Snatched from his mother's arms, a three-year-old boy is burnt alive.
This is not a warped horror film plot but the lived reality of a Rohingya mother called Mina, 20, who escaped military atrocities in Myanmar (Burma) to Bangladesh.
She's one of the 620,000 Rohingya Muslims who have fled what the United Nations have dubbed "ethnic cleansing" since late August.
"He was burnt to ashes to paper, his skin turned black," Mina, which is not her real name, told Save the Children.
"When we screamed, they dragged us parents away across the ground."
Mina, her husband and her other son aged two undertook a treacherous three-day journey through mountains to reach the relative safety of an overcrowded refugee camp across the border.
The death of her son haunts her by day and night.
"I dream of my baby burning and wake up screaming," she said.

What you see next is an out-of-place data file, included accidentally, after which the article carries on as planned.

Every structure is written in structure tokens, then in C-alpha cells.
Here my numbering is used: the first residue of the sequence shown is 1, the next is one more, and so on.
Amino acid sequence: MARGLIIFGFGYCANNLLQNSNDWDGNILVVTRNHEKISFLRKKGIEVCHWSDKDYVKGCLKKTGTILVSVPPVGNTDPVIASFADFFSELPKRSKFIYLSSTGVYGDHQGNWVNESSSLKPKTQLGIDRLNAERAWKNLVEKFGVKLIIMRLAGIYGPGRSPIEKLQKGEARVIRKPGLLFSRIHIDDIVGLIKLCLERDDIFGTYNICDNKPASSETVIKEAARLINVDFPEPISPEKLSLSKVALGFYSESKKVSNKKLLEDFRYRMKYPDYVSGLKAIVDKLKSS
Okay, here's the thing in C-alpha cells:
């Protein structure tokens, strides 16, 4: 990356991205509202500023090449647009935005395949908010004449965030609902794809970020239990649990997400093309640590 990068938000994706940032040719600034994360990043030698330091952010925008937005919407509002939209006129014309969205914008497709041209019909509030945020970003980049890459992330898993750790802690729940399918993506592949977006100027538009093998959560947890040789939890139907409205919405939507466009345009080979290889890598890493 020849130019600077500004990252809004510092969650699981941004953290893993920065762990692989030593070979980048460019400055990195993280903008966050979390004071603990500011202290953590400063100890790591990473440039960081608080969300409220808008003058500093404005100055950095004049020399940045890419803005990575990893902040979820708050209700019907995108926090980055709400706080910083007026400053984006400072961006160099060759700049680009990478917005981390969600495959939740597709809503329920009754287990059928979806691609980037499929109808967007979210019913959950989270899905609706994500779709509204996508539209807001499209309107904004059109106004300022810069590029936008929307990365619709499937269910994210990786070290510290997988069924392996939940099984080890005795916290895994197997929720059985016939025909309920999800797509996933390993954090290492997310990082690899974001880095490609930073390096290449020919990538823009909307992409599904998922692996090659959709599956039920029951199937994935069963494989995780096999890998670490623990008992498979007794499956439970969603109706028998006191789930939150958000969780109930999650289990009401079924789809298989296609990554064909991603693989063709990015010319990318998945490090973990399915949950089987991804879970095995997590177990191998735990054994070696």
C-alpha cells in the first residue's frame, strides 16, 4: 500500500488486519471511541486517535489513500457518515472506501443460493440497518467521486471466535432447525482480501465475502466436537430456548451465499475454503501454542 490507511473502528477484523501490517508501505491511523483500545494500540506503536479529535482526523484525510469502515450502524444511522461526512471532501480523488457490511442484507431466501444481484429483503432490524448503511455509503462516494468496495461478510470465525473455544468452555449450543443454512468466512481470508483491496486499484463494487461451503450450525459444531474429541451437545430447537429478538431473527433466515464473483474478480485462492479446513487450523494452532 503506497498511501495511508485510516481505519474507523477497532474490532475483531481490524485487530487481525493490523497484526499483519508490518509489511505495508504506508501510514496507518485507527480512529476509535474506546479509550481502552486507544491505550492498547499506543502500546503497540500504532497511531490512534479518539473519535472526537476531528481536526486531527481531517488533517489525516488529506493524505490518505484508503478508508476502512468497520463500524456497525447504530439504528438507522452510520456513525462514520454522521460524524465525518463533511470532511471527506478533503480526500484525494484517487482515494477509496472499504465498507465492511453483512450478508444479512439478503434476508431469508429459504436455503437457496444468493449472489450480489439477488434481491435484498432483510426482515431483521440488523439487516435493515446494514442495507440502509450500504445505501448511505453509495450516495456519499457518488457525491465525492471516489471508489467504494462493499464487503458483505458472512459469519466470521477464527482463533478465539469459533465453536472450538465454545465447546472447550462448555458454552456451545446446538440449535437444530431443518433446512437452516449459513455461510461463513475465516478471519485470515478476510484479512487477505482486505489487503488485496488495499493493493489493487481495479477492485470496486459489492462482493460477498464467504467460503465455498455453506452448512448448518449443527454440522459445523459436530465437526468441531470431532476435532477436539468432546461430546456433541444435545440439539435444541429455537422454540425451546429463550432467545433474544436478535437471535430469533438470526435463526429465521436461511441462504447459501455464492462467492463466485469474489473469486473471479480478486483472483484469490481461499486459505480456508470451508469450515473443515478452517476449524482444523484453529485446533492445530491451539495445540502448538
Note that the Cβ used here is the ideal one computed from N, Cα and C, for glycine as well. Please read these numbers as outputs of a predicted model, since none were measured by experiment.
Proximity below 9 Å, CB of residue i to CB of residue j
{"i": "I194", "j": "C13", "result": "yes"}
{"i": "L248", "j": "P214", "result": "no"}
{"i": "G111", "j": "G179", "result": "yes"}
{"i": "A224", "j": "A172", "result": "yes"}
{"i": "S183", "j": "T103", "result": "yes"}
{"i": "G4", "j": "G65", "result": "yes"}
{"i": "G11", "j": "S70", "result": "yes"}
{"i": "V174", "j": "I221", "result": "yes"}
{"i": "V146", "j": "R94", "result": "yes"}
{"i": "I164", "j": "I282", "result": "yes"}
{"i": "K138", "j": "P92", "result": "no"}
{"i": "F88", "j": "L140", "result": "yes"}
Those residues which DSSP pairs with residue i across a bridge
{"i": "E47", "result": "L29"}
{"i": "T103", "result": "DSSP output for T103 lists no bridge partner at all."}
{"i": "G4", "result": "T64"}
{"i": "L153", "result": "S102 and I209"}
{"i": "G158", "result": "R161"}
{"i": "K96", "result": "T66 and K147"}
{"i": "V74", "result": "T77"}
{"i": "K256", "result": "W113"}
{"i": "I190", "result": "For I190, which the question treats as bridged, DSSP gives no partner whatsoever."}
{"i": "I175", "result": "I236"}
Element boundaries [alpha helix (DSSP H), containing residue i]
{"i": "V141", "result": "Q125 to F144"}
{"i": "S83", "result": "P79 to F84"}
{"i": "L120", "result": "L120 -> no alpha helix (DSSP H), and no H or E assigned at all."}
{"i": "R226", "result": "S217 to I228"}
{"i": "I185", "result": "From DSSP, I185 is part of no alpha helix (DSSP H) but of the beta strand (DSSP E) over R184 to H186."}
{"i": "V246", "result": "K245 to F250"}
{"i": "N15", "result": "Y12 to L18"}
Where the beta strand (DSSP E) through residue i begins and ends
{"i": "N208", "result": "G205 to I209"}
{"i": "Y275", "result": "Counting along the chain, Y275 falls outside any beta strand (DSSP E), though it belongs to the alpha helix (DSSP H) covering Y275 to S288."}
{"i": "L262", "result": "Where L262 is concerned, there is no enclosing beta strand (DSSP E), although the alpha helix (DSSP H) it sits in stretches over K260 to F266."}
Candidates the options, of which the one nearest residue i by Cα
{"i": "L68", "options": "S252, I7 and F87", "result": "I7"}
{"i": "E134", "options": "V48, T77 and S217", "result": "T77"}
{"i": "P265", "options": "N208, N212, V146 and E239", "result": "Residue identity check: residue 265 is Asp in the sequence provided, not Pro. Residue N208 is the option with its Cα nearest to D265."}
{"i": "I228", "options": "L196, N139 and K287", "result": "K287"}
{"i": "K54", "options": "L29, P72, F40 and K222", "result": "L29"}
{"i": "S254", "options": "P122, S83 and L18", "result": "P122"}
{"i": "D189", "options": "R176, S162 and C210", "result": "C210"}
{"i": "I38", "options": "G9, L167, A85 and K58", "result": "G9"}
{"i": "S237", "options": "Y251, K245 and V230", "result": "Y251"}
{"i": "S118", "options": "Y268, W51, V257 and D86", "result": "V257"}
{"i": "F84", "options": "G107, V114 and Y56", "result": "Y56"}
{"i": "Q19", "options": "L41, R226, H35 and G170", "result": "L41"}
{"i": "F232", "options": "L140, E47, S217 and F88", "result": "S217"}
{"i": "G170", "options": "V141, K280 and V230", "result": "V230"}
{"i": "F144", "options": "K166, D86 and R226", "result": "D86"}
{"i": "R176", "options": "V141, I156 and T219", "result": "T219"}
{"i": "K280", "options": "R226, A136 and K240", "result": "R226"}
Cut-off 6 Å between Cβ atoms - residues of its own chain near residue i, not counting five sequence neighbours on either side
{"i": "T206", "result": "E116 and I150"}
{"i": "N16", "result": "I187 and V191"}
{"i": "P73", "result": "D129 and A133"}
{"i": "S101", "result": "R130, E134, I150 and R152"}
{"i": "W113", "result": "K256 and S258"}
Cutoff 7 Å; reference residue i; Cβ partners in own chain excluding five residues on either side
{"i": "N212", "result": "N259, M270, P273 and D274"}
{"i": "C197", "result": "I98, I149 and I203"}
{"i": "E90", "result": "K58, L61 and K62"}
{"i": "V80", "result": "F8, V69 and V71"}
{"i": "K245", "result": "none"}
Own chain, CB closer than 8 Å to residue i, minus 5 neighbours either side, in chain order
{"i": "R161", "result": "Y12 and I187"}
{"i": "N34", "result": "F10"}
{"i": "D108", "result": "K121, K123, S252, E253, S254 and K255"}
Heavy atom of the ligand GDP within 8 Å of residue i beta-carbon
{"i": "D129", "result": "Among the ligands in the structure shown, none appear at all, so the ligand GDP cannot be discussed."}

But she must find the strength to keep going, she's expecting another child in coming months.
The UN's Human Rights Council is holding a special meeting on the crisis on Tuesday.
Save the Children country director Mark Pierce is urging the council to oppose plans for Rohingya refugees to be returned to Bangladesh in a matter of weeks.
"We only risk re-traumatising people who've seen unimaginable horrors and risk leaving the most vulnerable, including pregnant mothers and children, at the mercy of the very people who raped, murdered and brutalised them," Mr Pierce said.
Amnesty International called for Australia to show leadership on the Rohingya crisis and lobby the council to send a strong message to the Myanmar government.
"Australia under Prime Minister Malcolm Fraser was once one of the world's most outspoken critics of South Africa's then apartheid regime," spokeswoman Diana Sayed said.
"But there is an apartheid regime in operation right now on our doorstep against the Rohingya, which Australia has done very little about."
Meanwhile, another expectant mother, Bitani, 25, told Save the Children of walking in mud up to her waist to escape her village.
She claimed military personnel had raped some women immediately after they had given birth.
The Australian government has launched a fundraising appeal with aid groups, pledging to match public donations up to a total of $5 million.